Business Building Action From Terry Brock
A setback is just a setup for a comeback. Willie Jolley, Professional Speaker, Author and Professional Singer
Tough times are great!
Yes, you read that right. Tough times make us all better people. When you have to go through tough times —- tougher than anything you’ve experienced before — you gain skills that you never would have acquired when everything is going just fine and smooth.
Many businesses today are going through tough times. Others are now beginning to see the light and come out of the dire doldrums to see new opportunities in a new world that has emerged even in the last year.
Just the other day I was talking with a very good friend who called and told me he had been laid off from his job about 3 weeks ago. He said he was going into liquidation mode by trying to sell anything he had of value. His plans included selling everything he could on eBay, Craigslist or anywhere else that he could get cash to pay for groceries (literally). I hurt deeply knowing what he was going through and the anguish it meant. Also, the fact that he waited three weeks to tell me he was laid off said volumes about his feelings. But selling can only go so far. Eventually my friend will have to generate new income from new sources.
Coming back is all about being resourceful. Human beings throughout history have achieved their greatest success just when it appeared the darkest. I’m reminded of the story of the late, great Mary Kay Ash. She suffered through a bad marriage and when she left worked at raising three kids alone. When she was passed over for promotion — in favor of a man whom she had trained — she decided to forge out on her own. She built a company that not only made her a millionaire but many others as well.
Oprah Winfrey’s story of dogged determination to overcome obstacles is well-known. She is a shining example to all about how persistence and offering the public something it wants can yield solid business benefits — and help others profoundly as well. Success and determination don’t care about gender, skin color, or other factors. What matters is the degree to which you are willing to work hard, get up when knocked down and be creative in developing new ways to meet new circumstances.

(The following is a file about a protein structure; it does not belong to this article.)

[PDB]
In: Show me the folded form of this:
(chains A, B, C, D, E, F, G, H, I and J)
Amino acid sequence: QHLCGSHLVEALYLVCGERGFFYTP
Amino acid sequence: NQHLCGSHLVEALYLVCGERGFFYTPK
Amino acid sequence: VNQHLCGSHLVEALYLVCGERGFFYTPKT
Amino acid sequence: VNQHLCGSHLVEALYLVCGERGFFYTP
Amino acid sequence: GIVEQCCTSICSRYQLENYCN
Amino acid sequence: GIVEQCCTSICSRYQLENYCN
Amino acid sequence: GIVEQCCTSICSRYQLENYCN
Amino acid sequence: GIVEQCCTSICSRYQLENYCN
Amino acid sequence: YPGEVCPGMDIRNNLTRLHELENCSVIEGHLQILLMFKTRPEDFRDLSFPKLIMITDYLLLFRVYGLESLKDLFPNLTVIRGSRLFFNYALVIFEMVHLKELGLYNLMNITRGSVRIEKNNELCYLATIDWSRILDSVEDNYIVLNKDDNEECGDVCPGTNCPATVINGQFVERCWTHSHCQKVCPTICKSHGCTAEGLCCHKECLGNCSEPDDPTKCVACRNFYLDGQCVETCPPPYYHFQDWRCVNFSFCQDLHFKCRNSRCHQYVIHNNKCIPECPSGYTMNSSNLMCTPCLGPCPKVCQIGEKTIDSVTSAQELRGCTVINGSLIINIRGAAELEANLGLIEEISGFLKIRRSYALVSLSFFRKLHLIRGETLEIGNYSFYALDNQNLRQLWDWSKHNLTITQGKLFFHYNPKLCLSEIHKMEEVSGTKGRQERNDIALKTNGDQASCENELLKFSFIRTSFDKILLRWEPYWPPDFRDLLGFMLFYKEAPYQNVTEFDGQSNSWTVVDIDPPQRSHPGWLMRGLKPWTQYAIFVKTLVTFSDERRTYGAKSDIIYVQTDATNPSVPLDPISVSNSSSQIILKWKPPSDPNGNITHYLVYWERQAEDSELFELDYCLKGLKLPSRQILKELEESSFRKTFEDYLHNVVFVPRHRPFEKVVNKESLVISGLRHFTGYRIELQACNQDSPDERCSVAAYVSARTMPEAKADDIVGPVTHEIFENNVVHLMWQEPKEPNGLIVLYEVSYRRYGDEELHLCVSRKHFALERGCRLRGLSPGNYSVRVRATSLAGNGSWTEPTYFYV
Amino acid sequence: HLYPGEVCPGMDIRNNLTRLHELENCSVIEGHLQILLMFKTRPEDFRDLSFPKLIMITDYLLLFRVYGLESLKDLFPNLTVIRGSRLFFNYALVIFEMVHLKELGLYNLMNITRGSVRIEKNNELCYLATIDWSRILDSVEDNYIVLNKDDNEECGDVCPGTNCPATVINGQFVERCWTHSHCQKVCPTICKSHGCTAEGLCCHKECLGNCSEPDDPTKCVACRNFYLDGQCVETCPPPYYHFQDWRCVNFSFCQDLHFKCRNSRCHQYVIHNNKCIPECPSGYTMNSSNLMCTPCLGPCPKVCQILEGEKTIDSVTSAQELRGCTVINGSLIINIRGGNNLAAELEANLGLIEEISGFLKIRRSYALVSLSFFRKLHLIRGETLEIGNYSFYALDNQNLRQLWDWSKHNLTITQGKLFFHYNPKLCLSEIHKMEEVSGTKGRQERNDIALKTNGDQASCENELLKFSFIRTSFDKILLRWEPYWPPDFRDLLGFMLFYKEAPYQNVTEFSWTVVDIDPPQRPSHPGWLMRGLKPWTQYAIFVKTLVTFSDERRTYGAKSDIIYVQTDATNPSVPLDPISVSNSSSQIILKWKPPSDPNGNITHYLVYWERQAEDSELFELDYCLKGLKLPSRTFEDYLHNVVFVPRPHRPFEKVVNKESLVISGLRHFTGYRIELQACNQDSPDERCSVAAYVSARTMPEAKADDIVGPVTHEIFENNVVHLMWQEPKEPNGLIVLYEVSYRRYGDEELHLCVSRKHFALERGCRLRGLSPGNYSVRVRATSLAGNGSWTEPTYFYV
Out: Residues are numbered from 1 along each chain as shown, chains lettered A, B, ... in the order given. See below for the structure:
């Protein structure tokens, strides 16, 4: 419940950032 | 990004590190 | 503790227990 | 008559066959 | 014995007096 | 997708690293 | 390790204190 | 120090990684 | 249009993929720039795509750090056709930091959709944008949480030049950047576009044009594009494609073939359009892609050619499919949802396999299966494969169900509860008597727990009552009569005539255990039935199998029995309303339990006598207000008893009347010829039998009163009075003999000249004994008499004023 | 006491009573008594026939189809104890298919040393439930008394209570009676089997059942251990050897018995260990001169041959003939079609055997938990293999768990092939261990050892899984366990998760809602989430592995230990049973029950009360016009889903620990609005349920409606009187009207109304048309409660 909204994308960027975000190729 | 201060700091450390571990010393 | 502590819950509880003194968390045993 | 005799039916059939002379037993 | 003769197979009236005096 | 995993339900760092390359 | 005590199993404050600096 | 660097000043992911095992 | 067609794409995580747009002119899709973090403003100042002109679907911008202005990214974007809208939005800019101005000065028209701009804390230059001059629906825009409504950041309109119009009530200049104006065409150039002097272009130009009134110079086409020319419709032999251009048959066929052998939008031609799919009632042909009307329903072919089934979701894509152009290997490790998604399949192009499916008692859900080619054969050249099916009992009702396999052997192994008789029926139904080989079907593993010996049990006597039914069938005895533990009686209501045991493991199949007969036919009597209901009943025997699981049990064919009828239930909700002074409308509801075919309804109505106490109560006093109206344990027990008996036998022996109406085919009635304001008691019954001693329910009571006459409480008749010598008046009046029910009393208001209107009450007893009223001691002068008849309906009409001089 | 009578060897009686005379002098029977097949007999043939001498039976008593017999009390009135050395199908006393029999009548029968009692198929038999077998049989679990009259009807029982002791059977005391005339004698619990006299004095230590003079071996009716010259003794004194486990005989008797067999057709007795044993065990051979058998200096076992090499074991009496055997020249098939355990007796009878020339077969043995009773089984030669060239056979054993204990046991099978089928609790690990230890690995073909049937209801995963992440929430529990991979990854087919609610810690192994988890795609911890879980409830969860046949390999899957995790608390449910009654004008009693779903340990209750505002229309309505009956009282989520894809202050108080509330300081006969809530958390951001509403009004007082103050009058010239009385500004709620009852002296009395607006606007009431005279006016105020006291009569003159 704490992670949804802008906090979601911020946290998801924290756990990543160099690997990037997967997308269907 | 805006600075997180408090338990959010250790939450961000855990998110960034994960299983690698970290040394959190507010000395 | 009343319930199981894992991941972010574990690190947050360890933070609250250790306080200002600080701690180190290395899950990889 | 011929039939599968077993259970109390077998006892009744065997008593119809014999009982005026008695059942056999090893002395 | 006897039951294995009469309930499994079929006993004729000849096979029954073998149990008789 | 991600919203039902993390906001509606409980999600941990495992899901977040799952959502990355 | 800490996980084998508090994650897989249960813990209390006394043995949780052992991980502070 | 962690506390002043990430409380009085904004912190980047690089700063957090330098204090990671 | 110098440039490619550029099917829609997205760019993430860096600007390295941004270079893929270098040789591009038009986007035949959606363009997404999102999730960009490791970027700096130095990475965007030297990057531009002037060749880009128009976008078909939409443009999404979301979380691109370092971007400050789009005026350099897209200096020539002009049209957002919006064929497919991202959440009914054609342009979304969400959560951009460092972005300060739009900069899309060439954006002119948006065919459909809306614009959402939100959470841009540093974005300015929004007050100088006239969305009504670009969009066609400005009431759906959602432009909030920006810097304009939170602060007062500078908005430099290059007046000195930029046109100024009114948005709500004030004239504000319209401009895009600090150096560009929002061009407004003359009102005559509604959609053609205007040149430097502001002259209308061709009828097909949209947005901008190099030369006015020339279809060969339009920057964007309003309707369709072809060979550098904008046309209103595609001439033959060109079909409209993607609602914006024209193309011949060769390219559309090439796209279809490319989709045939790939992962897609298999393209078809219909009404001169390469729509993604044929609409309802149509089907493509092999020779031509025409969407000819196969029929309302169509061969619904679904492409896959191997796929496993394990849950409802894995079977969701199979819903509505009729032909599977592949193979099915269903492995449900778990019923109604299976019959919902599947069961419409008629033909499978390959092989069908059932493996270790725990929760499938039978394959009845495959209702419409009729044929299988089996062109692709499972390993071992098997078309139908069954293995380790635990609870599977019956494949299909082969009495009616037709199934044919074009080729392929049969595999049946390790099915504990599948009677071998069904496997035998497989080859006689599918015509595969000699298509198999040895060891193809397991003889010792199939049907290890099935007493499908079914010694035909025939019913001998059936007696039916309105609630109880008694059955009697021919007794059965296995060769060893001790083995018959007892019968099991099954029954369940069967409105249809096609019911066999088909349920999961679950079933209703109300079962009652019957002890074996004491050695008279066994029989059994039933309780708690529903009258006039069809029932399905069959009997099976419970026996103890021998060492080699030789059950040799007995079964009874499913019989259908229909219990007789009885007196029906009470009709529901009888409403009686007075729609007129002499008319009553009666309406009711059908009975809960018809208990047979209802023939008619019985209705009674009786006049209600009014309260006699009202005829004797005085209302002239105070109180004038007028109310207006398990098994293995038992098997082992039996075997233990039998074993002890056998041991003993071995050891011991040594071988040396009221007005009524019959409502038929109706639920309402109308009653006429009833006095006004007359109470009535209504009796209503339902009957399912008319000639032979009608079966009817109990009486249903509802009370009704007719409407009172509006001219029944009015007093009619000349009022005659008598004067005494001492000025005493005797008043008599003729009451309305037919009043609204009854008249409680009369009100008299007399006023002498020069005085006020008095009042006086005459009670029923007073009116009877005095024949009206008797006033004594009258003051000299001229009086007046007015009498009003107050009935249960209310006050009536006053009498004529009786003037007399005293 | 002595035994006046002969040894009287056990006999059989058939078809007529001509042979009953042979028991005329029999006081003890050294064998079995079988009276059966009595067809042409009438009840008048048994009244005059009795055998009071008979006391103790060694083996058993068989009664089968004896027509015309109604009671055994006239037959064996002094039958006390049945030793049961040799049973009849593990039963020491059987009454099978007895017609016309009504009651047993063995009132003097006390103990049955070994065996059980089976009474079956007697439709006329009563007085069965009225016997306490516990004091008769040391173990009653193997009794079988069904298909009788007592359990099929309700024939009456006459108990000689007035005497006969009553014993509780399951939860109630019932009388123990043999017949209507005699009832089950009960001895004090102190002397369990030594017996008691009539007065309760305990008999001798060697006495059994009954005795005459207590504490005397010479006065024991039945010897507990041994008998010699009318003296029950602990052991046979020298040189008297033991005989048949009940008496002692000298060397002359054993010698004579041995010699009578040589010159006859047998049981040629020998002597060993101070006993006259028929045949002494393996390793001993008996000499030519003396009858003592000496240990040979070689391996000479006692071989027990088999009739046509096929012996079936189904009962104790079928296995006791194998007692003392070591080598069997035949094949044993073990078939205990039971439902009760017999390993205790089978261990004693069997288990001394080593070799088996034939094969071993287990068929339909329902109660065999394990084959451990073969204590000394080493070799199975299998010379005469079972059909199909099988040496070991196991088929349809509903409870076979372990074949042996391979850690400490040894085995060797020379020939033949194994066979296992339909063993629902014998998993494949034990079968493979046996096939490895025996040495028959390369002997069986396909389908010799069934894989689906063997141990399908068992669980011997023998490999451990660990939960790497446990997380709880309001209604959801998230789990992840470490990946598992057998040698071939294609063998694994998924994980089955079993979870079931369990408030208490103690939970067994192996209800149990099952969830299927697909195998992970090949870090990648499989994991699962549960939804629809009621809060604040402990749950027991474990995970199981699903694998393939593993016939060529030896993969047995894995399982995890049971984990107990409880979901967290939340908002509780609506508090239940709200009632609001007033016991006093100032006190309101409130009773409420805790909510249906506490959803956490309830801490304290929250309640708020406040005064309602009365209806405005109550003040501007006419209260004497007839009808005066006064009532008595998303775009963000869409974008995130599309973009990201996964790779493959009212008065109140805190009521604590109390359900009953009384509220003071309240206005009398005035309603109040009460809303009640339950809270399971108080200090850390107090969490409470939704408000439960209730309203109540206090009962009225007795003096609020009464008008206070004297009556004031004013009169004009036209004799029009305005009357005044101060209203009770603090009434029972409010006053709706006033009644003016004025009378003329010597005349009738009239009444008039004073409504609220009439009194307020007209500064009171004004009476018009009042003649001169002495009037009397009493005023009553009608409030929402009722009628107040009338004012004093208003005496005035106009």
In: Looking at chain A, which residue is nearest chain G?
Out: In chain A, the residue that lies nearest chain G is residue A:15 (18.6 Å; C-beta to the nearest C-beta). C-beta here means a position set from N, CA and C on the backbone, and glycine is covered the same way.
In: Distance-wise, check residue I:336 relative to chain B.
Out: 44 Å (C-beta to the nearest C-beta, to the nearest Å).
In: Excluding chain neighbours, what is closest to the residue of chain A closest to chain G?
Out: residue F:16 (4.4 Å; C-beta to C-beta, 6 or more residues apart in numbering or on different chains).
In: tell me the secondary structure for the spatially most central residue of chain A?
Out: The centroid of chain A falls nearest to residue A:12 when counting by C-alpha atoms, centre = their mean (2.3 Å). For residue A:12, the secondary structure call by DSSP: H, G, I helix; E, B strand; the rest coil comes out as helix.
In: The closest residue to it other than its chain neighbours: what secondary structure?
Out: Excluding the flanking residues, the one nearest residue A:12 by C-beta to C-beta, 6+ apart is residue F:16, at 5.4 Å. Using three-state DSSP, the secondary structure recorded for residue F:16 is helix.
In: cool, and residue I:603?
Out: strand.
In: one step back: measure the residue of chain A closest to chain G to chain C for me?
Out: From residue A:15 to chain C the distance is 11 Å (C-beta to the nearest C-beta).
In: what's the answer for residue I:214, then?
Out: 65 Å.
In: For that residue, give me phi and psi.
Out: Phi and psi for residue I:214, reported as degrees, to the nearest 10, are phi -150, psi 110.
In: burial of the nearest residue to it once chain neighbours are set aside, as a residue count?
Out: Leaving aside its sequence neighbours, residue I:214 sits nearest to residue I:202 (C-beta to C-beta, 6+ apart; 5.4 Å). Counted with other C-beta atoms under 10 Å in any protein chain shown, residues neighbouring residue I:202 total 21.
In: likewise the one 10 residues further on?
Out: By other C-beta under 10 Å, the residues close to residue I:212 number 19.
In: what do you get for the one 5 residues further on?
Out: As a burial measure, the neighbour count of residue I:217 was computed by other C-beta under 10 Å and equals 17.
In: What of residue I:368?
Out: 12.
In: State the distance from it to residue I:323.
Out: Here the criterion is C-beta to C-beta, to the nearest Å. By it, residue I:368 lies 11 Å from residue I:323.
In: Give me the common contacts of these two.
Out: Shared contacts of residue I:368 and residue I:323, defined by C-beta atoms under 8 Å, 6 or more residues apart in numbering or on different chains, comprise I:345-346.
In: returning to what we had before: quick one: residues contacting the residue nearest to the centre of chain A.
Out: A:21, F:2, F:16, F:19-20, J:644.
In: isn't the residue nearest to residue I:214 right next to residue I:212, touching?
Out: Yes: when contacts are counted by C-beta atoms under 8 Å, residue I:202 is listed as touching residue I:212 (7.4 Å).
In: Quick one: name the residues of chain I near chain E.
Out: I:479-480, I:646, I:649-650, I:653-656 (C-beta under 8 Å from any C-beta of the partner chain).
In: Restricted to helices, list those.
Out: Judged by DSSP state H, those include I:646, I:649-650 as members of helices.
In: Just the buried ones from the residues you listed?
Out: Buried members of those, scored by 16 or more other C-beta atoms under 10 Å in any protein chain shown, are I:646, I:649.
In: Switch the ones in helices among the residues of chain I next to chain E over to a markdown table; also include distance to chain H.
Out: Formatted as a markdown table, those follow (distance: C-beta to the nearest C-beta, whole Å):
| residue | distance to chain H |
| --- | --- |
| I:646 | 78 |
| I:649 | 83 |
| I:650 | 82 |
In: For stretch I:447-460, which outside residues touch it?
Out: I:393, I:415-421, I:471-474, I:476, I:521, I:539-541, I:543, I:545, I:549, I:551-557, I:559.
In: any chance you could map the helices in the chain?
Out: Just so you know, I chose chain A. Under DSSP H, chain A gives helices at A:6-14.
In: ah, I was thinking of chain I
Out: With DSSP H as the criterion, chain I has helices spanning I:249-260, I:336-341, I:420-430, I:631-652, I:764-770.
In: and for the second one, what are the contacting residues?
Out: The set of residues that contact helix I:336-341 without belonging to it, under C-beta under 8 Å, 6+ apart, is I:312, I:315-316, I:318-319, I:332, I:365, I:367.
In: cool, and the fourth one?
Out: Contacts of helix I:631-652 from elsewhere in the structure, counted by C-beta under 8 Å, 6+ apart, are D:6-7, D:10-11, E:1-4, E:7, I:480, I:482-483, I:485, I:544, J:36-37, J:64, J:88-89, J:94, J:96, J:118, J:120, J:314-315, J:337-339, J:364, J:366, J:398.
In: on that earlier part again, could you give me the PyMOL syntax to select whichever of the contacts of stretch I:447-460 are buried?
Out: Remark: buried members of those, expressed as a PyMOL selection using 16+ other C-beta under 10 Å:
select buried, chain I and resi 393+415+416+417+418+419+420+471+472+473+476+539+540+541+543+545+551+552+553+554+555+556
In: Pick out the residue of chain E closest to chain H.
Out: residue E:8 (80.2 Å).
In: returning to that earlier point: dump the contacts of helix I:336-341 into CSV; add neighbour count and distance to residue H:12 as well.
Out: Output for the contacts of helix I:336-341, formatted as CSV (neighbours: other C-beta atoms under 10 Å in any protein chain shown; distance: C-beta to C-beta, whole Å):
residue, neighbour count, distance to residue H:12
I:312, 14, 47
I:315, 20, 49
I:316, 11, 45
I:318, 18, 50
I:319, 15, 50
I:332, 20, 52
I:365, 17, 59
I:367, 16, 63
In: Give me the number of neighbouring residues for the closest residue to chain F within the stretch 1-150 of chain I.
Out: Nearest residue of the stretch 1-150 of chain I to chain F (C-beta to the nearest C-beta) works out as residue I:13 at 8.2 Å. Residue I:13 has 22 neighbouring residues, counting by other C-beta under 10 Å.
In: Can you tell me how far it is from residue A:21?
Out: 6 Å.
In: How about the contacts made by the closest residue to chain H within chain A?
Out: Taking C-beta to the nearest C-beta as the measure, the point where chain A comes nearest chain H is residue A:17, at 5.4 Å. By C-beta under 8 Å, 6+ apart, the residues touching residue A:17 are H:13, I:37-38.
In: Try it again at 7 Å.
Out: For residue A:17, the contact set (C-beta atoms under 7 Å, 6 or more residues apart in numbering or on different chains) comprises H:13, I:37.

My friend Willie Jolley is a Washington, D.C. based professional speaker, professional singer and author (try that combination on for size!). I love his quote at the top of this article. When you get that setback (and we all do) it is how you handle it. Look at it as a way to prepare you with knowledge and the emotional stamina to turn things around for the future. The cynics will say it doesn’t work.
They are right.
They are right— but only to an extent. If they say they can’t and say it won’t work, they are right — for them. However, for those who marshal a never-say-die attitude and are willing to learn from setbacks, adapt to new circumstances, acquire the skills necessary to get ahead and be willing to pay the price — well, history is replete with examples of success.
This is not Pollyanna talk. This is hard science and what really works in the real world. Here are some steps that can help when you have that setback:
1. Pause And Examine The Situation. Realize you can’t just brush off the hurt. Deal with it — but don’t stay with it. Find out what went wrong, what you could have done and what was completely out of your control. Know the facts before you begin anew.
2. Acquire New Skills. In a world that is changing rapidly, continued knowledge infusion is essential. Learn new market-valuable (key term!) skills. Find those things that people want and for which they are ready, willing and able to pay. Go to the library and read. Listen to MP3 skill-building ideas on iTunes. Watch instructional videos on www.video.google.com, www.YouTube.com and other sites. Note that all the above suggestions don’t require money but they do require your commitment to study and learn.
3. Sell. Successful people in any field have learned how to sell their ideas. Learn how to do that. Do it in a persuasive, helpful, not pushy way. Pushy doesn’t work with most intelligent people today. Genuinely help others and sell without regard to the inevitable rejection you’ll get occasionally.
As you see every setback as a setup for a comeback, you will acquire the mindset that is imperative to get ahead. Never stop learning market-valuable skills. Never stop selling to help others.
These principles can help you personally and in your business when you have a setback. Model the successful people who have done it before and you improve your chances for success.
Copyright © 2009, Terry Brock and Achievement Systems, Inc. Terry Brock is an international marketing coach and professional speaker who helps businesses generate profitable results. He can be reached by e-mail at [email protected] or through his website at www.terrybrock.com. Join the Twitter adventure with Terry through his Twitter address: TerryBrock